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tridantri
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Re: Sat nav or Map?

Postby tridantri » 8 Feb 2011, 3:02pm

I have always and will always use just a map. I like the map reading part of things and they allow you to very easily change your route on the road without having to program it in.

A map never runs out of power either.

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meic
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Re: Sat nav or Map?

Postby meic » 8 Feb 2011, 3:10pm

and the ink in a GPS never runs.
Yma o Hyd

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al_yrpal
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Re: Sat nav or Map?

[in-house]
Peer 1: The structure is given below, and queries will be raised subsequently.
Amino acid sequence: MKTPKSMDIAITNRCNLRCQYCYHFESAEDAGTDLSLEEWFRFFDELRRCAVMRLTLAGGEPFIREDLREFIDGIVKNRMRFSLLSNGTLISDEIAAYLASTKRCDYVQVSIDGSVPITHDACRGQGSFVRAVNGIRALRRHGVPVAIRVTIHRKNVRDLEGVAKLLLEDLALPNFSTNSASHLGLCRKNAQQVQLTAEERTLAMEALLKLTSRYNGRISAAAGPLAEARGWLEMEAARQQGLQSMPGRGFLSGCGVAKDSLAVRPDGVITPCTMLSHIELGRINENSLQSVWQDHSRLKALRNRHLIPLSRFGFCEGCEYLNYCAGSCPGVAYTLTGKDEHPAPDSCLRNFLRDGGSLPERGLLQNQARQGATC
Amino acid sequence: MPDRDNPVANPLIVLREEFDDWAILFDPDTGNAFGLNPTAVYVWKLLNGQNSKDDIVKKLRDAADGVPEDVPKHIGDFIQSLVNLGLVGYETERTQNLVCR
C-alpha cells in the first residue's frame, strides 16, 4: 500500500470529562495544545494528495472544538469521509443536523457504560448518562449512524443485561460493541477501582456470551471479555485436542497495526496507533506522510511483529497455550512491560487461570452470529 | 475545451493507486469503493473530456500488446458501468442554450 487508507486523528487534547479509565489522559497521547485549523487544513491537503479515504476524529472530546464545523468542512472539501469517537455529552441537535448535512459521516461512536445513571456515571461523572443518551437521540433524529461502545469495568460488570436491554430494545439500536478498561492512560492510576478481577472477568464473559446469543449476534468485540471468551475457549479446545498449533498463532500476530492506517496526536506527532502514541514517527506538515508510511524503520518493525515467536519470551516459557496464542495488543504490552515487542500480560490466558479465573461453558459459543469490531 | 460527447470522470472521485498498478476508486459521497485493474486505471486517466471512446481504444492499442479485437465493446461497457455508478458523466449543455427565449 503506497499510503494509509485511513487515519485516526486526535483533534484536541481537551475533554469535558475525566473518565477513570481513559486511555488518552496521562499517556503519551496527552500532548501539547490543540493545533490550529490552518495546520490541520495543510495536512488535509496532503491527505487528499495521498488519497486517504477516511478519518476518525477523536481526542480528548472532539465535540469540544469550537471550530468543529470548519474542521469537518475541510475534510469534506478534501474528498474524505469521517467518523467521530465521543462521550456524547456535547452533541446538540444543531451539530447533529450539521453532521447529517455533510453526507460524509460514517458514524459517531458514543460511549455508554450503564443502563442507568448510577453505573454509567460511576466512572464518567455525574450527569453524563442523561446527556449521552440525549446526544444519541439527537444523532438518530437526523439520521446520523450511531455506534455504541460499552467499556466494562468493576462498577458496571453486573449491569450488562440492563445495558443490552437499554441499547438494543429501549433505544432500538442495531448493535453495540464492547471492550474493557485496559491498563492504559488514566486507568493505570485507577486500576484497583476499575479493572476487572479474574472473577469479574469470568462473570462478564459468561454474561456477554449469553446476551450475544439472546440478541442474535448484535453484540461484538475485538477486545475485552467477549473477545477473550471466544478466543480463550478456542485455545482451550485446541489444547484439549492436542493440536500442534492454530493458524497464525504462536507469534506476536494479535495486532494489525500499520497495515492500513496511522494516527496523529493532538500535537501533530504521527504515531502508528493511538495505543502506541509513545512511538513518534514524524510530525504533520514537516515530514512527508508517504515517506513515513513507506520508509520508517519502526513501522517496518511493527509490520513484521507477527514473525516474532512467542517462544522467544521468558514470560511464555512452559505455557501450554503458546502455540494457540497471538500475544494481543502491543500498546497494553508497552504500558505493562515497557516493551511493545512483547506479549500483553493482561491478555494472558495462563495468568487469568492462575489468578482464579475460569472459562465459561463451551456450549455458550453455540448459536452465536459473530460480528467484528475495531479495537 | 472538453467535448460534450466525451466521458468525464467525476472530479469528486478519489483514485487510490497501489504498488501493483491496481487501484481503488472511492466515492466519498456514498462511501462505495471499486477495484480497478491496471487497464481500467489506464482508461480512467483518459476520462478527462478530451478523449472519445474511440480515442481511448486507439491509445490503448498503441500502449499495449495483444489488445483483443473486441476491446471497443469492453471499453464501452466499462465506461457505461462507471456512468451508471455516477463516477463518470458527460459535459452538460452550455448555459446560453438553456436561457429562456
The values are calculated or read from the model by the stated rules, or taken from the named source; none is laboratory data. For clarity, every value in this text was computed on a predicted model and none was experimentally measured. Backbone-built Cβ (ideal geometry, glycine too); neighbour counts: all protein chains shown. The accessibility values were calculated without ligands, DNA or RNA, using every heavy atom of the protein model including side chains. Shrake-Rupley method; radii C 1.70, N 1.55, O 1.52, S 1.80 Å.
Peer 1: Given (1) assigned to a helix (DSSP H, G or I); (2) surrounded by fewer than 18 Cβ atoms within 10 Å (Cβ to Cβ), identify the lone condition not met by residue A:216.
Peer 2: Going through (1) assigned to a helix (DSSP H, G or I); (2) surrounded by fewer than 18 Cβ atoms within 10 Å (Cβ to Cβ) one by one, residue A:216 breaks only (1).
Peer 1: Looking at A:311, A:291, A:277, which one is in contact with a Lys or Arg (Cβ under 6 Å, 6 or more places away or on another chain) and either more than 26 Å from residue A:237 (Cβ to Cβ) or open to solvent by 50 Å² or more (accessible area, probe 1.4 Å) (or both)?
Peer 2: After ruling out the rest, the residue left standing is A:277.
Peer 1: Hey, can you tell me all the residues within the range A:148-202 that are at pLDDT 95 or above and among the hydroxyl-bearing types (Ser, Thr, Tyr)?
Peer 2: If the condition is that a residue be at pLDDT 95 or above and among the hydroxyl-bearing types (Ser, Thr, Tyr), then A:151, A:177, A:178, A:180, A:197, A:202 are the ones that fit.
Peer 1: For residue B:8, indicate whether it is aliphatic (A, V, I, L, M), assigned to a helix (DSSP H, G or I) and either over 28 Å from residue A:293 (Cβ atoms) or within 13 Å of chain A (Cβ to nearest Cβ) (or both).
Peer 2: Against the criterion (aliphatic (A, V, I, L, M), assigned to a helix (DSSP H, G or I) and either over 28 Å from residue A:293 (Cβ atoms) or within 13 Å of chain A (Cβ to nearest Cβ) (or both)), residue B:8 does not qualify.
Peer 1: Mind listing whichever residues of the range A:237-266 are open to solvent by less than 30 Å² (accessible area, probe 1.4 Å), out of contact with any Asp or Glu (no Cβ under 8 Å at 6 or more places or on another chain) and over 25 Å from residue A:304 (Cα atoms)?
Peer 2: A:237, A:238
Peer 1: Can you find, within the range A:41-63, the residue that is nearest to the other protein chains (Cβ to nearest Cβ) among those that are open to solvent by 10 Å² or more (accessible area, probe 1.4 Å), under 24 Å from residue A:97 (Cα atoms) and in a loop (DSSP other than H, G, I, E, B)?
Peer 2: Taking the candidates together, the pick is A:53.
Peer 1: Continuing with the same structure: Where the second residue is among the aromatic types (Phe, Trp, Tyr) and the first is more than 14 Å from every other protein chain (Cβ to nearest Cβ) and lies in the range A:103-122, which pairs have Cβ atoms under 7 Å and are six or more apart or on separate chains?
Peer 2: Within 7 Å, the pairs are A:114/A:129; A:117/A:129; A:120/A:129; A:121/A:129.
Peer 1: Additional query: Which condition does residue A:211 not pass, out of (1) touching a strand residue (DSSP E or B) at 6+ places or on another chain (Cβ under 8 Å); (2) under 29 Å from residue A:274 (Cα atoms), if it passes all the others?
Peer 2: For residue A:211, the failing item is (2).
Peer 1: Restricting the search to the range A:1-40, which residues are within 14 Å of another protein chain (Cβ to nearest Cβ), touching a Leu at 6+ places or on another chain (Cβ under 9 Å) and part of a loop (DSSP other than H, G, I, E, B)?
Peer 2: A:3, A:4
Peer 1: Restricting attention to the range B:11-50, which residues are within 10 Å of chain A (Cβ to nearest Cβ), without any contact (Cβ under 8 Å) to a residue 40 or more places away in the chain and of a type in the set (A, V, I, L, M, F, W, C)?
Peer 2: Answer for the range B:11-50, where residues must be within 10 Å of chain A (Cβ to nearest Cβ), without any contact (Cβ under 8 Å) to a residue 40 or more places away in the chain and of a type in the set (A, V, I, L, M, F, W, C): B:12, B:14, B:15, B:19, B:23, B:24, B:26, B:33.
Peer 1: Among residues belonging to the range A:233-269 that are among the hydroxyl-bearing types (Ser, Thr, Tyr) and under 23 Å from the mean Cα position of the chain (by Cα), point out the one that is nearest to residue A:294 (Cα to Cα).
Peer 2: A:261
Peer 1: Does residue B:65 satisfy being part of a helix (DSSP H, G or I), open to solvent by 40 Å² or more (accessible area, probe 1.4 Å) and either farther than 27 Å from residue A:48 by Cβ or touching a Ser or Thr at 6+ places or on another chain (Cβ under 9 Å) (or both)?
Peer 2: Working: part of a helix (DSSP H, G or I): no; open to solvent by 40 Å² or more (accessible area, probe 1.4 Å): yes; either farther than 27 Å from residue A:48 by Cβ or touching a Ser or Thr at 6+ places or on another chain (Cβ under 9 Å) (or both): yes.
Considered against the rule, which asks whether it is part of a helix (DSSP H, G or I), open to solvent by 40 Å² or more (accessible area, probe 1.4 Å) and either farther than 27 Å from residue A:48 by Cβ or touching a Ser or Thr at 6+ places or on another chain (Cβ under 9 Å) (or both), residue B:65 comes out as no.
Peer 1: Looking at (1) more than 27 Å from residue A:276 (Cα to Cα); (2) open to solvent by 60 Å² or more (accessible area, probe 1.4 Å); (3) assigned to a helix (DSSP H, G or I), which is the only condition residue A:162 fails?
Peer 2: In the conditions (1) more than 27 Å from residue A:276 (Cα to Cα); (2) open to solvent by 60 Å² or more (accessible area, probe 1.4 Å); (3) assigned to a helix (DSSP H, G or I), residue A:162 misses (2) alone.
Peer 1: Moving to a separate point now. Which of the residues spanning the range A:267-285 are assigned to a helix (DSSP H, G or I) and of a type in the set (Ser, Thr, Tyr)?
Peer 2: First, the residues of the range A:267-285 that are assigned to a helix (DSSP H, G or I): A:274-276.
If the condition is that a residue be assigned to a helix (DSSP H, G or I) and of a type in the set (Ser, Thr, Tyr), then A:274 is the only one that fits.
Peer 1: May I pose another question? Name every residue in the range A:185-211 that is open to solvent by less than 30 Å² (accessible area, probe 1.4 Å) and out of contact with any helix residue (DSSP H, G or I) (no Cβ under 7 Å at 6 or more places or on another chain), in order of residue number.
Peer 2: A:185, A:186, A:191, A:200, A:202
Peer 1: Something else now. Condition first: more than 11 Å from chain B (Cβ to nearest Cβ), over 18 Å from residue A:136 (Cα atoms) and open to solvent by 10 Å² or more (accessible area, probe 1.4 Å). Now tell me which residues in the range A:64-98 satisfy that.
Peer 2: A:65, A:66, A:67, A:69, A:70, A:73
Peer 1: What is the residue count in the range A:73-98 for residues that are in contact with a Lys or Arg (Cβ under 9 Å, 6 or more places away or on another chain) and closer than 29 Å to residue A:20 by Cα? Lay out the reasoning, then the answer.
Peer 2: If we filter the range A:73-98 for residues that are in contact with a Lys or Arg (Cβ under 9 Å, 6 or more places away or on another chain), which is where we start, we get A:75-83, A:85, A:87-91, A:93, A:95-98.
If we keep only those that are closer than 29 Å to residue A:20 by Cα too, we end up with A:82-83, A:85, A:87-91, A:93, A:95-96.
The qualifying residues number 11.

Postby al_yrpal » 8 Feb 2011, 3:19pm

I like to navigate with maps, you can see any byways or alternative routes more easily. I like to plan a route ahead in vague detail, and then plan each day in detail the evening before. I use a sat nav merely to confirm my position when I am unsure of it.

Maps are expensive though.

Al
Touring on a bicycle is a great way to explore and appreciate the countryside and towns you pass through. What do you do to make a difference?

stewartpratt
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Re: Sat nav or Map?

Postby stewartpratt » 8 Feb 2011, 3:30pm

What psmiffy said.

A GPS is useful if you want to stick to a route and can't afford the time/energy of finding you've gone two miles up the wrong climb. However, note that GPS autorouting is at best idiosyncratic, and a pre-planned route may not come out on the GPS the way you hoped. You need time up front learning the foibles of your unit.

If your itinerary is whimsical in nature then a GPS is of less use.

Maps are always best carried - pages torn out of road atlases make ideal backups for a GPS.